- Other stress management techniques could include yoga, music therapy, massage, and counselling services. Also, incorporating a well-balanced diet and making sure to get adequate amounts of sleep each night can help to manage stress and anxiety.
Case Reports[edit | edit source]
Resources[edit | edit source]
References[edit | edit source]
- Goodman CC, Fuller KS. Pathology: implications for the physical therapist. 3rd ed. St. Louis, MO: Elsevier Saunders; 2015.
- Garakani A, Mathew S, Charney DS. Neurobiology of anxiety disorders and implications for treatment. Mount Sinai Journal of Medicine. 2006 Nov 1;73(7):941-9.
- Generalized Anxiety Disorder (GAD) [Internet]. Anxiety and Depression Association of America, ADAA. [cited 2017Mar27]. Available from: https://www.adaa.org/understanding-anxiety/generalized-anxiety-disorder-gad
- Generalized anxiety disorder [Internet]. Mayo Clinic. Medical Foundation for Medical Education and Research; 2009 [cited 2017Mar23]. Available from: http://www.mayoclinic.org/diseases-conditions/generalized-anxiety-disorder/basics/definition/con-20024562
- Goodman CC, Snyder TEK. Differential diagnosis for physical therapists: screening for referral. 4th ed. St. Louis, MO: Saunders/Elsevier; 2007.
- Katzman MA. Current Considerations in the Treatment of Generalized Anxiety Disorder. CNS Drugs. 2009;23(2):103–20
- Osmosis Generalized anxiety disorder (GAD) - causes, symptoms & treatment Available from:https://www.youtube.com/watch?v=9mPwQTiMSj8
- Locke AB, Kirst N, Schultz CG. Diagnosis and Management of Generalized Anxiety Disorder and Panic Disorder in Adults. American Family Physician [Internet]. 2015 [cited 2017Mar27]; 91(9):618–24. Available from: http://www.aafp.org/afp/2015/0501/p617.pdf
- Generalized anxiety disorder [Internet]. National Institute of Mental Health. Health and Outreach; 2009 [cited 2017Mar24]. Available from: http://www.nimh.nih.gov/health/publications/anxiety-disorders/generalized-anxiety-disorder-gad.shtml
- Tips to Manage Anxiety and Stress, Anxiety and Depression. Anxiety and Depression Association of America, ADAA. [cited 2017Mar28].https://adaa.org/tips-manage-anxiety-and-stress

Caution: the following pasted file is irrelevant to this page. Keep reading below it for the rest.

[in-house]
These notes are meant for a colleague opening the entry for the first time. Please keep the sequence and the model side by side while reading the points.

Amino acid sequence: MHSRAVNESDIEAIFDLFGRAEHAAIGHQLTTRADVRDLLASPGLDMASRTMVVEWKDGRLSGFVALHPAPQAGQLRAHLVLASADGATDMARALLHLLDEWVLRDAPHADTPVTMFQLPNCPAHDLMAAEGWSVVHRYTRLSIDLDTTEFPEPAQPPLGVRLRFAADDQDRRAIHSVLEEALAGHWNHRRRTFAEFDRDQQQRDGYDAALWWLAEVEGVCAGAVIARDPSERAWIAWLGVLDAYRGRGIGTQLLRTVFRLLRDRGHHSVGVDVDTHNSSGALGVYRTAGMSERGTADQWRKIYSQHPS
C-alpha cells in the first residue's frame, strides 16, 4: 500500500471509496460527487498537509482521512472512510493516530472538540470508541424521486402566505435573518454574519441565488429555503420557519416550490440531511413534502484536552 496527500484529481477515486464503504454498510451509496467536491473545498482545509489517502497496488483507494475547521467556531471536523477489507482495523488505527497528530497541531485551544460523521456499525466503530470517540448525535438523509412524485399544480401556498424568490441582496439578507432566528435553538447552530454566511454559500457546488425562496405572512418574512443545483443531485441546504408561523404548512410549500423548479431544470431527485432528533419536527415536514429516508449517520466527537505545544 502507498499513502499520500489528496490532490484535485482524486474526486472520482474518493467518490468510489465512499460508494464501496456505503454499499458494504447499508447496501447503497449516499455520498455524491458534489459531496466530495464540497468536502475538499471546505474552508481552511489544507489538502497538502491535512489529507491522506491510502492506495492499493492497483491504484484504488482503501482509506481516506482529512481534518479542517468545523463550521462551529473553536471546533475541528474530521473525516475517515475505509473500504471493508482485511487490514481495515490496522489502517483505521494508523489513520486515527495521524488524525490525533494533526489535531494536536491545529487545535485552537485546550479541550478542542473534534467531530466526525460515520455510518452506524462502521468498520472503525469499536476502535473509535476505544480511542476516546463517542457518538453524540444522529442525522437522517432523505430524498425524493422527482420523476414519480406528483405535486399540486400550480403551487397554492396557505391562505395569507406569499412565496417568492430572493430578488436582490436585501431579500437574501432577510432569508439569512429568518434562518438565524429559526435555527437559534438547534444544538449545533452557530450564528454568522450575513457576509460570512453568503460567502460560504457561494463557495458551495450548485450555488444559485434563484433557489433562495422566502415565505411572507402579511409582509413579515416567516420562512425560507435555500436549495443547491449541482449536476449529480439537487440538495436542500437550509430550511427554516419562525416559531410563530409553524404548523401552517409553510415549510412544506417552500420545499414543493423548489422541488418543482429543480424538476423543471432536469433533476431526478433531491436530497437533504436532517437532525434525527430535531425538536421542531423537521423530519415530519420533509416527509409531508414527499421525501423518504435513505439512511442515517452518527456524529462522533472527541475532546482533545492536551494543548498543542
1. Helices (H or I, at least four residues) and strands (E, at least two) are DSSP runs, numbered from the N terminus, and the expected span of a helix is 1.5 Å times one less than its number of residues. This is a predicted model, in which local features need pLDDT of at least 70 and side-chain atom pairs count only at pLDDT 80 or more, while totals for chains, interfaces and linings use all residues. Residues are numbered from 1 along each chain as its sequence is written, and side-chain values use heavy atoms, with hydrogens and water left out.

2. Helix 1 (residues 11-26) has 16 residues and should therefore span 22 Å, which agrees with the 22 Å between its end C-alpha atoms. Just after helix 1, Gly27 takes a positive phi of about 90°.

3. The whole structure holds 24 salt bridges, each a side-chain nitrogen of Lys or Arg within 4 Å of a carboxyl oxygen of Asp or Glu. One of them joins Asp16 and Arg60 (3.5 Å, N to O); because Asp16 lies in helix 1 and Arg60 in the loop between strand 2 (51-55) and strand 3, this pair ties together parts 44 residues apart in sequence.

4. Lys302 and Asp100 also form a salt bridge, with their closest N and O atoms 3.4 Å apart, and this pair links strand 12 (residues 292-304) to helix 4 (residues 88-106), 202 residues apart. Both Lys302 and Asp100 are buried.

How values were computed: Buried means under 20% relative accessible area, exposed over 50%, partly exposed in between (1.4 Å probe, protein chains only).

- Anxiety Disorders Manitoba Generalized Anxiety Disorders Available from https://www.youtube.com/watch?v=KbY4HG4Uod4
- Ballas C. Generalized anxiety disorder [Internet]. U.S. National Library of Medicine. National Institutes of Health; 2017 [cited 2017Mar24]. Available from: http://www.nlm.nih.gov/medlineplus/ency/article/000917.htm
- National Collaborating Centre for Mental Health. Generalised Anxiety Disorder in Adults: Management in Primary. Secondary and Community Care, Leicester and London, The British Psychological Society and the Royal College of Psychiatrists (NICE Clinical Guidelines, No. 113). 2011.
- Generalised Anxiety Disorder Assessment (GAD-7) Accessed at https://patient.info/doctor/generalised-anxiety-disorder-assessment-gad-7 on 08/09/2018.
- Kavan M, Elsasser G, Barone E. Generalized Anxiety Disorder: Practical Assessment and Management. American Family Physician. 2009;79: 785–91.
- Serotonin and Norepinephrine Reuptake Inhibitors (SNRIs) [Internet]. Mayo Clinic. Medical Foundation for Medical Education and Research; 2008 [cited 2017Mar24]. Available from: http://www.mayoclinic.org/diseases-conditions/depression/in-depth/antidepressants/art-20044970
- Generalized Anxiety Disorder (GAD): Symptoms, Self Help ... [Internet]. [cited 2017Mar28]. Available from: https://www.bing.com/cr?IG=8FC29D1F1EE841D1A800C4AAB0544B80&CID=0DE2894FDDE06D7628B2832CDC706CAD&rd=1&h=ssbrYq8ttVKTvvDLYjLkBqJxQAFdzrKYuHppIbQBNpw&v=1&r=https%3a%2f%2fwww.helpguide.org%2farticles%2fanxiety%2fgeneralized-anxiety-disorder-gad.htm&p=DevEx,5061.1
- Depression and anxiety: Exercise eases symptoms [Internet]. Mayo Clinic. Medical Foundation for Medical Education and Research; 2014 [cited 2017Mar27]. Available from: http://www.mayoclinic.org/diseases-conditions/depression/in-depth/depression-and-exercise/art-20046495
- Generalized anxiety disorder [Internet]. MedlinePlus Medical Encyclopedia. [cited 2017Mar27]. Available from: https://medlineplus.gov/ency/article/000917.htm
- Chu AH, Koh D, Moy FM, Müller-Riemenschneider F. Do workplace physical activity interventions improve mental health outcomes?. Occupational Medicine. 2014 May 17;64(4):235-45.
- Kabat-Zinn J. Mindfulness-based stress reduction. Constructivism in the Human Sciences. 2003;8(2):74.